Gone to See the River Man by Kristopher Triana
Super fans. Groupies. Stalkers.
These people will give anything for the idols they worship, be they rock stars, actors or authors. Or even serial killers.
Lori is just such a fanatic. Her obsession is with Edmund Cox, a man of sadistic cruelty who butchered more than twenty women. She’s gone so far as to forge a relationship with him, visiting him in prison and sending him letters on a regular basis. She will do anything to get close to him, so when he gives her a task, she eagerly accepts it.
She has no idea of the horror that awaits her.
Edmund tells her she must go to his cabin in the woods of Killen and retrieve a key to deliver to a mysterious figure known only as The River Man.
In her quest, she brings along her handicapped sister, and they journey through the deep, dark valley, beginning their trip upriver. The trip quickly becomes a surreal nightmare, one that digs up Lori’s personal demons, the ones she feels bonds her to Edmund. The river runs with flesh, the cabin is a vault of horrors, and ghostly blues music echoes through the mountains. Soon they will learn that The River Man is not quite fact or folklore, and definitely not human -- at least, not anymore. And the key is just the beginning of what is required of Lori to prove she’s worthy of a madman’s love.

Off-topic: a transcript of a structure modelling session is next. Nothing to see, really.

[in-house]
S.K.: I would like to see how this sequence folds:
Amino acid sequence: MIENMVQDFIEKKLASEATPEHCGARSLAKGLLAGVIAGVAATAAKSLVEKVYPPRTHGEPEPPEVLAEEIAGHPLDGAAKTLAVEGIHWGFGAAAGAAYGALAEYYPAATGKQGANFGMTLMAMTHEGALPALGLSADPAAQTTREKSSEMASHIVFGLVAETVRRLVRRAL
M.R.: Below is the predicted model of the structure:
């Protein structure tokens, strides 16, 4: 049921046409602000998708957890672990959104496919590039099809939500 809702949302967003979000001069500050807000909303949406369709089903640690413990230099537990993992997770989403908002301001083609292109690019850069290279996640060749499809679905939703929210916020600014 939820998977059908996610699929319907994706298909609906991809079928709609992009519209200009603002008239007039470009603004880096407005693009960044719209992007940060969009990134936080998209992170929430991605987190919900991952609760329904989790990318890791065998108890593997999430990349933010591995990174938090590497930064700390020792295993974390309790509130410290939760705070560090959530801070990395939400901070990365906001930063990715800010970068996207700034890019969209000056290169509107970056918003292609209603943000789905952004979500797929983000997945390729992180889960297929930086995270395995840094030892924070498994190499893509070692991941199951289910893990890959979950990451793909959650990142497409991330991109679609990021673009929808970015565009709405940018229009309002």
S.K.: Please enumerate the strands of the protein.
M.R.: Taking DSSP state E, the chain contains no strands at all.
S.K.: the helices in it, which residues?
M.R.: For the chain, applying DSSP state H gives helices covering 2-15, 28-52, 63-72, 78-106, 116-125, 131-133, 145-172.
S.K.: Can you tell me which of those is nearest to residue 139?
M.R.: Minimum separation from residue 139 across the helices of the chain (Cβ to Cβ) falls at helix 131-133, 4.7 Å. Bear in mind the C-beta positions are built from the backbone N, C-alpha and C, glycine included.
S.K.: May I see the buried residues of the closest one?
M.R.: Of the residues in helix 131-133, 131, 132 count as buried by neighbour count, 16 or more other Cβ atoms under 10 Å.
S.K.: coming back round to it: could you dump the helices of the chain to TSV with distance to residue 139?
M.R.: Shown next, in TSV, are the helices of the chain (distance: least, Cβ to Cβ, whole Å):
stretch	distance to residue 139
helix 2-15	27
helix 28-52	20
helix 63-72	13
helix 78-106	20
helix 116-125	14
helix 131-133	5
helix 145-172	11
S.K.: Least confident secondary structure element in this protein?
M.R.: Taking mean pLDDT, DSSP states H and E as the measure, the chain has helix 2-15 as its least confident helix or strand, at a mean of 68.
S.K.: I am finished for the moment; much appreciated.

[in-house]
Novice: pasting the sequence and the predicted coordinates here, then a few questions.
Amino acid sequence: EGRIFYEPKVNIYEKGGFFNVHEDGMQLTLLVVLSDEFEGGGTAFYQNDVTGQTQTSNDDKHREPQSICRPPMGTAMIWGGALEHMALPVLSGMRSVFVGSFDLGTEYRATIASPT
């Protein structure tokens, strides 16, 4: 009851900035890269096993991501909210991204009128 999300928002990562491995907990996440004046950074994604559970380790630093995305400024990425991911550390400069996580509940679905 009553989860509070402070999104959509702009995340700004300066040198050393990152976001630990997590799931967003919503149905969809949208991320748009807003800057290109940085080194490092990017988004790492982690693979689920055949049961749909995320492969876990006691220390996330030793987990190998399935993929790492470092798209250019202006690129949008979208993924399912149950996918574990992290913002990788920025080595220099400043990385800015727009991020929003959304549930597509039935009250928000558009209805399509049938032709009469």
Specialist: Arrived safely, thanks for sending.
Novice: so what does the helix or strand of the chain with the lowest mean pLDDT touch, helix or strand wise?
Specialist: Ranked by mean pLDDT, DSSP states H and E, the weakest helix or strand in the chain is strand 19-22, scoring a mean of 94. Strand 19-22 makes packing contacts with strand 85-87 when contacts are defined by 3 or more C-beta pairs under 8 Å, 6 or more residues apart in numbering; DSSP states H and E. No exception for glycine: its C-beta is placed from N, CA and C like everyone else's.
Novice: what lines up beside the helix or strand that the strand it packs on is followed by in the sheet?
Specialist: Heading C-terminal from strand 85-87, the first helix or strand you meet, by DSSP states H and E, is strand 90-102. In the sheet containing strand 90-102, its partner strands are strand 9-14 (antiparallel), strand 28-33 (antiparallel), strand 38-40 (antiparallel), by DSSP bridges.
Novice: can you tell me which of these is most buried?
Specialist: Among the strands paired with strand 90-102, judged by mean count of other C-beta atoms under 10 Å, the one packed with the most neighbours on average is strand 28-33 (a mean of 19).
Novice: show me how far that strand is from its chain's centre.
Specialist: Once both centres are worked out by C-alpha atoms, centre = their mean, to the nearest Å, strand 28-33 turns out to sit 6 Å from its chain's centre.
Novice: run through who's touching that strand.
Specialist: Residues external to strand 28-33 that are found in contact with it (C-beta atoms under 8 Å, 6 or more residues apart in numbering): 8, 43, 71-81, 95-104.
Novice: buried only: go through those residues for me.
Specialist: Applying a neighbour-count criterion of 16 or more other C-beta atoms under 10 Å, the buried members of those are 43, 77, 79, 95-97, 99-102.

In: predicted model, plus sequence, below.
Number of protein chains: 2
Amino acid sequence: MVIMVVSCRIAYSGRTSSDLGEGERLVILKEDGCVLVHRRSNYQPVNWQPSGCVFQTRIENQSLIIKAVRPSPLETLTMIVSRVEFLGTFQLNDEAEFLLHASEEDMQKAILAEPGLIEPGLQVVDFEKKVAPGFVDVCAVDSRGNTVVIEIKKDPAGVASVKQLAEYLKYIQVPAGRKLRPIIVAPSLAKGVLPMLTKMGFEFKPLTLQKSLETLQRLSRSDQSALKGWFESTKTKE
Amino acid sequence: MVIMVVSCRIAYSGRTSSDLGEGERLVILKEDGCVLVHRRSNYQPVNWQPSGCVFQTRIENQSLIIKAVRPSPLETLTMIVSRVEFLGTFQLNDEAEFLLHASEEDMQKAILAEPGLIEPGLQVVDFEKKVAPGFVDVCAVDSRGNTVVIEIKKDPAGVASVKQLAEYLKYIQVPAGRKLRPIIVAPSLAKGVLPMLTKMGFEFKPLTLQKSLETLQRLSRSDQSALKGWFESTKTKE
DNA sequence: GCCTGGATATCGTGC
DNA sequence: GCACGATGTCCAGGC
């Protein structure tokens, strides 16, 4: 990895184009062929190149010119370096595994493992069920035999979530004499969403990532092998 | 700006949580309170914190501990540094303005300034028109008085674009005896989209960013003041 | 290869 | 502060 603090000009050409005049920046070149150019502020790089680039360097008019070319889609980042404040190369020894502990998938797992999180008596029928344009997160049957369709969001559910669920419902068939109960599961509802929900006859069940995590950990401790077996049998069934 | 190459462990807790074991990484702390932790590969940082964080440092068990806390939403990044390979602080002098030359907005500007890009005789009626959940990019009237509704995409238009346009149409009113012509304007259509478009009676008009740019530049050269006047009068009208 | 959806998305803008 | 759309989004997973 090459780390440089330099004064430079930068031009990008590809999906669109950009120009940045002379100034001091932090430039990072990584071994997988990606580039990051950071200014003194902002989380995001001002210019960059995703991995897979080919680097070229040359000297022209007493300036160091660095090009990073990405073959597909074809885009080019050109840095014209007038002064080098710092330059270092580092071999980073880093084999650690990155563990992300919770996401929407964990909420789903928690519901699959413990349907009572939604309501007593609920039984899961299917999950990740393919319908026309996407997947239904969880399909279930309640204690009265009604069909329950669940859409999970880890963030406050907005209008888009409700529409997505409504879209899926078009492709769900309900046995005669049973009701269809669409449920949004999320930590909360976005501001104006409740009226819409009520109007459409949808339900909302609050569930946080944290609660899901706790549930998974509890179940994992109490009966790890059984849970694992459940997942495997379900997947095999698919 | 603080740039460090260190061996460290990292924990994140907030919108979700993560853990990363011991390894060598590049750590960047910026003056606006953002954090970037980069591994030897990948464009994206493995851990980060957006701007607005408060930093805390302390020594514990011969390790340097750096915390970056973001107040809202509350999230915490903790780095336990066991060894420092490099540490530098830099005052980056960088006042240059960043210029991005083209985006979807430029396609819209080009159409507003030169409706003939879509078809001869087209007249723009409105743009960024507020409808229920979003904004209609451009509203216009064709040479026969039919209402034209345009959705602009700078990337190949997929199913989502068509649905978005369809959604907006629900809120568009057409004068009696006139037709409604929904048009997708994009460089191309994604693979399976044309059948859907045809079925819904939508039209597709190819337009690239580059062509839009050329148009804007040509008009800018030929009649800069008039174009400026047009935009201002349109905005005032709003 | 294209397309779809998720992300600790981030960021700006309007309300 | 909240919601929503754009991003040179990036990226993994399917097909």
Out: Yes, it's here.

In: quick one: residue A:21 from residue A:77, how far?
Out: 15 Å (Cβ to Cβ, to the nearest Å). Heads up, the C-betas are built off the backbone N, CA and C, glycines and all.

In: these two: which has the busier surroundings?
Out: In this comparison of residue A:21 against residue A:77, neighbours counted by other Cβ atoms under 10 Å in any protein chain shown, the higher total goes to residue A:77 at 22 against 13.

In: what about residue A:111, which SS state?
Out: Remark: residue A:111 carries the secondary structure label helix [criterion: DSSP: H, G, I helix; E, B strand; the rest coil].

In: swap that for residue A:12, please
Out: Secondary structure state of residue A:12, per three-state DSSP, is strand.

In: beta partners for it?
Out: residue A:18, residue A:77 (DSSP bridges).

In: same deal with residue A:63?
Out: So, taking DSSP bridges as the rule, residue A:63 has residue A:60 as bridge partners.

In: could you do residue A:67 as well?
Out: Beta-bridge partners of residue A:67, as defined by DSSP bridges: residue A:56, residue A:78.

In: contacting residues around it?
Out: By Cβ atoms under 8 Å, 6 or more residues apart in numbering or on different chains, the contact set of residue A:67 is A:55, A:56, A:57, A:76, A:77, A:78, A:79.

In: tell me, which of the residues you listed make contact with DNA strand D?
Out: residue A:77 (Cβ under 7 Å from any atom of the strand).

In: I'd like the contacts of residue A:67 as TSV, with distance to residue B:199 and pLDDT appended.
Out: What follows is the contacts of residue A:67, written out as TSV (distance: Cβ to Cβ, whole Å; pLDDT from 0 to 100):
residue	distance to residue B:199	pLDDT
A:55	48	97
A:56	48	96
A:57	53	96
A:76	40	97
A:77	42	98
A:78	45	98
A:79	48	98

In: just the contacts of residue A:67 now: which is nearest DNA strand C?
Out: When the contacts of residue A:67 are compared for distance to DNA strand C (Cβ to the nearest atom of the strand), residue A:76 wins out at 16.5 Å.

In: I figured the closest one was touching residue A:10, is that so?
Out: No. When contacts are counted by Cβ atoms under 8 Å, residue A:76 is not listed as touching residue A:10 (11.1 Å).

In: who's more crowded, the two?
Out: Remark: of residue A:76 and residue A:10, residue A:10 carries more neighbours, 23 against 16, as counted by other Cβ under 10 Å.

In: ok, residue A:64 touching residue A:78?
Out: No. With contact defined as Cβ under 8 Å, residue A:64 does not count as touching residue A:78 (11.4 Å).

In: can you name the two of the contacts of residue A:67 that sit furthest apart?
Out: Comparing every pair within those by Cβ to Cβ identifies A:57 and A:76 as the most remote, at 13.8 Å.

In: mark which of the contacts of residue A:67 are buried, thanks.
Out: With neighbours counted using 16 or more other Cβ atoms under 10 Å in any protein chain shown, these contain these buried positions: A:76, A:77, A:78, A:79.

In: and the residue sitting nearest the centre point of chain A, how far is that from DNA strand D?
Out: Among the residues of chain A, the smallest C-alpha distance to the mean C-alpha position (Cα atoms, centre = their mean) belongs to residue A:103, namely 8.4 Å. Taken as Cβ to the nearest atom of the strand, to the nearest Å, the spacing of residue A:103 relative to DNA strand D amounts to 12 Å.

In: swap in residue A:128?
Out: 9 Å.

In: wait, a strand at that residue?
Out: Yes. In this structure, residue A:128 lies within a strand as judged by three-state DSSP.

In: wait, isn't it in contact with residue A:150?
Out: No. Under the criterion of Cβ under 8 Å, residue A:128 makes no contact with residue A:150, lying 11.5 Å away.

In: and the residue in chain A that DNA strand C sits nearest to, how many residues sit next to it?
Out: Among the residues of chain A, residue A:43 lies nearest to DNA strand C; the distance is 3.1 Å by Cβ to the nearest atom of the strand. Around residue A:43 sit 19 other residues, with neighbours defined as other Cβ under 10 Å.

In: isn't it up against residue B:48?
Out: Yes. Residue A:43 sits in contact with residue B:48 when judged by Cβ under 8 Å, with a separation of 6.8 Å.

“Having already proved himself a master of extreme horror with Full Brutal, in Gone To See The River Man, Triana shows he is able to paint his uniquely disturbing visions with a much broader palette. This gloomily atmospheric novel is an excellent and unnerving exercise in steadily mounting dread and an inexorable rendezvous with doom. It fuses family tragedy with phantasmagoric horror in a way that will linger long in memory. In short, this Triana guy is a serious contender.”
—Bryan Smith, author of Depraved
“Kristopher Triana pens the most violent, depraved tales with the craft and care of a poet describing a sunset, only the sunset has been eviscerated, and dismembered, and it is screaming.”
—Wrath James White, author of The Resurrectionist